Today is the 50th anniversary of the assassination of Malcolm X, later known as El-Hajj Malik El-Shabazz. Malcolm X’s career was inextricably bound to New York City, the place that brought him fame and saw his demise on February 21, 1965. Here are 7 key spots in NYC that lead up to his assassination.
7. Temple No. 7, Harlem
After joining the Nation of Islam, Malcolm X was sent to found chapters across the country, including Temple No. 7 in Harlem, which he opened in 1954. What was at first a small storefront operation quickly grew to thousands of followers.
The Temple No. 7 was moved to 102 West 116th Street. It was firebombed in 1965 after Shabazz’s assassination, and is now located on 127th Street.
6. Harlem 28th Police Precinct, 123rd Street
In 1957, a large crowd from the Nation of Islam gathered to around the 28th Police Precinct in Harlem, threatening to riot after one of their members was denied medical attention following a police beating. Malcolm X defused the situation singlehandedly, leading one officer to remark, “No one man should have much power.”
5. Harlem Hospital
In 1962, Harlem Hospital workers, who were largely black and Puerto Rican, went on strike for better wages and benefits. Malcolm X headlined a coalition of activists and politicians who supported the workers. The strike was successful, and the union, Local 1199, went on to organize many of New York City’s hospitals, and today is one of the most powerful unions in New York. Harlem Hospital is also where Martin Luther King Jr. was taken after he was stabbed in New York City.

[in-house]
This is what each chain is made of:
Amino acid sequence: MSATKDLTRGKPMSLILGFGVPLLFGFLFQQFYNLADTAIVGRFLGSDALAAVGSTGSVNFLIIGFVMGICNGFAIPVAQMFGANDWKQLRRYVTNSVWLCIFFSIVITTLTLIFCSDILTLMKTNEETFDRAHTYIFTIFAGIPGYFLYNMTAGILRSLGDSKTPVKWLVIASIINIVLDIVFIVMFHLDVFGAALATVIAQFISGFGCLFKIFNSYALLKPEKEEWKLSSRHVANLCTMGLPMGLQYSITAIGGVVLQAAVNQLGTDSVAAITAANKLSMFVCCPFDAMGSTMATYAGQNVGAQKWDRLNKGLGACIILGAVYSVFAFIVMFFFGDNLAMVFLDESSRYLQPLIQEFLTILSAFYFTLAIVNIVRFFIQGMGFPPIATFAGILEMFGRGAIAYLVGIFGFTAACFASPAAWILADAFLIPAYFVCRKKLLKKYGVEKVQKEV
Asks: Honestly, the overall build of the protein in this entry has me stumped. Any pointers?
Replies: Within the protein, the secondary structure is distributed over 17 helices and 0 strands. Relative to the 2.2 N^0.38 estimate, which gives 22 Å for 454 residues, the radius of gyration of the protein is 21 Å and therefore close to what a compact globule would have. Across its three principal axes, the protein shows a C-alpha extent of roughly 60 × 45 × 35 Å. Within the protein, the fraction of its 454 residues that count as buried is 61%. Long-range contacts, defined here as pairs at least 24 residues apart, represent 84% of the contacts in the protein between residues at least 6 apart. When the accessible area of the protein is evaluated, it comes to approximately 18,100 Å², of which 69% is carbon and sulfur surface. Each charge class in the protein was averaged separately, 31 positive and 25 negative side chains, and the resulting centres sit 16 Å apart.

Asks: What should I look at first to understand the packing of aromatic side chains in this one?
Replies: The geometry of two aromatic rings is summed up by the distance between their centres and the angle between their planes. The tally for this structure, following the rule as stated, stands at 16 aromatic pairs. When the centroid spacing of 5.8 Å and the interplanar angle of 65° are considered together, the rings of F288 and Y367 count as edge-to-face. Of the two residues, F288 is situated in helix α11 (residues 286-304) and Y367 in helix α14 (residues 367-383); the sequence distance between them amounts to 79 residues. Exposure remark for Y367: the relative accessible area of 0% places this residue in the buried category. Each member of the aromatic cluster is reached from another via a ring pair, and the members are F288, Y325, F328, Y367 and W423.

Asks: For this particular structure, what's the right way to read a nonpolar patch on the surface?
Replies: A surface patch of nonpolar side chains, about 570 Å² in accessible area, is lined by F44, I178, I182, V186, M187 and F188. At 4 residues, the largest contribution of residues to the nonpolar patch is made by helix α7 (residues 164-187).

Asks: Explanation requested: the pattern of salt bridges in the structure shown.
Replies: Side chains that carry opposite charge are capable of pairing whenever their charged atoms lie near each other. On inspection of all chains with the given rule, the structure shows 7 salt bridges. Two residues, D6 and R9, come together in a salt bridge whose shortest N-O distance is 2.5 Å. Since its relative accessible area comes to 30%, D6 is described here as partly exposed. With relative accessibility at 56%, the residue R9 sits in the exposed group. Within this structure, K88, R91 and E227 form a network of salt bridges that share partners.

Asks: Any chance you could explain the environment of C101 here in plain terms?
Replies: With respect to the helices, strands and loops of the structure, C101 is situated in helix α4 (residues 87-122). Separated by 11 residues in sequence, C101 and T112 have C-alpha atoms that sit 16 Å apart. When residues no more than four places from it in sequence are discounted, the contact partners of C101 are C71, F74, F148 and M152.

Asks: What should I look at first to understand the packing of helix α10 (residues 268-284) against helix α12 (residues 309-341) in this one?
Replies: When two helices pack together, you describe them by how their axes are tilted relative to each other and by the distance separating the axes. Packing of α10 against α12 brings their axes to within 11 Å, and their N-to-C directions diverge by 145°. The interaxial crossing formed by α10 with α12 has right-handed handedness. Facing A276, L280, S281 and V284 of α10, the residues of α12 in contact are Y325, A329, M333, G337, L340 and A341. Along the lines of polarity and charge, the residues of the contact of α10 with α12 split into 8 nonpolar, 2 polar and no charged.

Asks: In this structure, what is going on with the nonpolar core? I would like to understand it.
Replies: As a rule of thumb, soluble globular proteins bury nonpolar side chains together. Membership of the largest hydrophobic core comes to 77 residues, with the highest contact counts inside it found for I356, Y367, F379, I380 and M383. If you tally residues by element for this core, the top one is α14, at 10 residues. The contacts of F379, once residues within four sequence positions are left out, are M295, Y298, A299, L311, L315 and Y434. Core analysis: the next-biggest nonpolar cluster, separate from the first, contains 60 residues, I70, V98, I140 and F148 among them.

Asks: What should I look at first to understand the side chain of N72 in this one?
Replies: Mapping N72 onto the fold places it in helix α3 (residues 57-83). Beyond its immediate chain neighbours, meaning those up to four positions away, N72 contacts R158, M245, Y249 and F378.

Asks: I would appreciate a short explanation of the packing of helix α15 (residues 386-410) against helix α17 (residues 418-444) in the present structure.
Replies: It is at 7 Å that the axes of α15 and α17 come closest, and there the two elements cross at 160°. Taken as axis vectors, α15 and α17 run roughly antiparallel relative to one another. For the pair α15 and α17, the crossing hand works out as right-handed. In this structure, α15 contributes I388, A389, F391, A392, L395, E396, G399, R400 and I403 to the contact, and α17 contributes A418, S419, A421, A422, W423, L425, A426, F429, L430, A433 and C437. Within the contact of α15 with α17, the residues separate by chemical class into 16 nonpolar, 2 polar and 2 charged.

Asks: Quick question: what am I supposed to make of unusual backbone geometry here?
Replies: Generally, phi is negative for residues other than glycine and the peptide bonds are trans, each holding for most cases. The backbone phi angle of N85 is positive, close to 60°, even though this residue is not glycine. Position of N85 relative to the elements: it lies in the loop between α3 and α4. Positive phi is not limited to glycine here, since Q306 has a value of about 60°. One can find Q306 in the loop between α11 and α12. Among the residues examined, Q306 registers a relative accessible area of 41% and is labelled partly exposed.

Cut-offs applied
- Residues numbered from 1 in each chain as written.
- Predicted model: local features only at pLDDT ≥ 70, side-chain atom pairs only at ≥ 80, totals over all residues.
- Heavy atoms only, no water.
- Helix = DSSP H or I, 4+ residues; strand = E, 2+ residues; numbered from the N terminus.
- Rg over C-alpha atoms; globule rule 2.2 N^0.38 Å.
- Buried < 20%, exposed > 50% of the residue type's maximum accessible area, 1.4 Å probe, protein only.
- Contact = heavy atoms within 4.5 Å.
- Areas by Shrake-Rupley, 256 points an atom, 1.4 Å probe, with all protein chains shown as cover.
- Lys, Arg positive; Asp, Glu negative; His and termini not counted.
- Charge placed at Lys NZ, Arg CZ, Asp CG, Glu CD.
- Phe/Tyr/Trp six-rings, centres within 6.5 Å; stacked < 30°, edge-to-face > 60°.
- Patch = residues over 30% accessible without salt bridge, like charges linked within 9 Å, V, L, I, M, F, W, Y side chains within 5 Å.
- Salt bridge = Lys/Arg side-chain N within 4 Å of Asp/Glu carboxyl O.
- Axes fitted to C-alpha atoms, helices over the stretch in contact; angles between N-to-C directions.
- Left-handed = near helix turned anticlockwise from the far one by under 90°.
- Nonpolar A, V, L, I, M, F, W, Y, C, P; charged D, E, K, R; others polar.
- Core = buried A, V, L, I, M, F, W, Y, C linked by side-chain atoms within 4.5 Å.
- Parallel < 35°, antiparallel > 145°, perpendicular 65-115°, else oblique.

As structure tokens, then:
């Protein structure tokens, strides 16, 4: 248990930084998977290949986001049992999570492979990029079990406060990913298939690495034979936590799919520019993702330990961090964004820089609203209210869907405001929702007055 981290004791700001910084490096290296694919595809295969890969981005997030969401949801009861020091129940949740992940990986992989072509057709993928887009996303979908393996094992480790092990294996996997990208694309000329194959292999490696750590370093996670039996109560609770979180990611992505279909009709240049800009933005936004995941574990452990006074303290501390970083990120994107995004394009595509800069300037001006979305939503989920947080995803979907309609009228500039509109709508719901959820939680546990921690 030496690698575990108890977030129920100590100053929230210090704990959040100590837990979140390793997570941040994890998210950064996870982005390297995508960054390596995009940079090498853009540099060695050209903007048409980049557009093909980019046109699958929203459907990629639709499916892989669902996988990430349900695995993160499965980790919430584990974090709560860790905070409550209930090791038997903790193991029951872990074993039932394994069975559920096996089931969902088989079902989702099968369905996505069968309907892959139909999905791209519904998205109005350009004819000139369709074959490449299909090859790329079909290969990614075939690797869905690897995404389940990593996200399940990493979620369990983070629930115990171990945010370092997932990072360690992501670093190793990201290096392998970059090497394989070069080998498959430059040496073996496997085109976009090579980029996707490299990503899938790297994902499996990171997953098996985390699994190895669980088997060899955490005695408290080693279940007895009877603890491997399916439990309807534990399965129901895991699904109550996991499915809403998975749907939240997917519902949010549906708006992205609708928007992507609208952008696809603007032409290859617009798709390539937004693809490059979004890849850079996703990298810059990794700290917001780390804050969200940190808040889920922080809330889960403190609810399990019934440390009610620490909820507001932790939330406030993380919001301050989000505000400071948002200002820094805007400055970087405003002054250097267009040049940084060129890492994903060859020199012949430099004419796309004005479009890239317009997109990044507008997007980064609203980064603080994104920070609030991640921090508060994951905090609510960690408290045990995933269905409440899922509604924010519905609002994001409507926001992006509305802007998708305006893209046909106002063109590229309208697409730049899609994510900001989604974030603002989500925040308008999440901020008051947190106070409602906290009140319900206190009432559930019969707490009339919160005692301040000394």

4. Mosque of Islamic Brotherhood
In 1964, Malcolm X converted to Sunni Islam, changing his name to El-Hajj Malik El-Shabazz and performing Haaj. While in Mecca, Shabazz was struck by the absence of racial hierarchy under Islam, abandoning his black separatist position and splitting with the Nation of Islam. Back in New York, he founded a Sunni mosque, now called the Mosque of Islamic Brotherhood Inc., located on 113th Street and St. Nicholas Ave.
3. Audubon Ballroom
Shabazz was assassinated while giving a speech at the Audubon Ballroom in Washington Heights. The Nation of Islam has long been suspected of planning the assassination. Shabazz either en route to or at the Harlem Hospital, across the street.
2. Faith Temple Church of God in Christ
It took three days for Shabazz’s friends to find a place of worship in Harlem willing to accommodate the funeral. Bishop Childs offered his church, the Faith Temple Church of God in Christ on 147th and Amsterdam Avenue. The funeral was held on February 27, and featured a tribute from Ossie Davis, who closed, “In honoring him, we honor the best in ourselves. And we will know him then for what he was and is – a Prince – our black shining Prince! – who didn’t hesitate to die, because he loved us so.”
The church is located in a former synagogue, one of the many that dotted Harlem from when it was the second largest Jewish community in the United States. You can still see the Star of David on the facade and on the doors today. Before the building was a synagogue even, it was a theater. Sadly, the building will soon face demolition to make way for a 10-story apartment building and new church on the site.
1. Malcolm X Boulevard
New York City permanently recognizes Malcolm X through a pair of Malcolm X Boulevards, one in Harlem, co-representing northern Sixth Avenue with NY Public Library benefactor James Lenox, and one in Bedford Stuyvesant. The Malcolm X Grassroots Movement has been deeply involved with Eric Garner protests. After years of neglect (and possible demolition), the Audubon Ballroom, located on 165th and Broadway, was restored as a dual purpose building for Columbia Medical School and the Shabazz Educational Center.
Next, check out 10 places to honor Martin Luther King, Jr. in NYC. You can check out more extensive tributes to Malcolm X at The Root and the Brian Lehrer Show, and you can learn more about New York City political history by visiting Janos.nyc.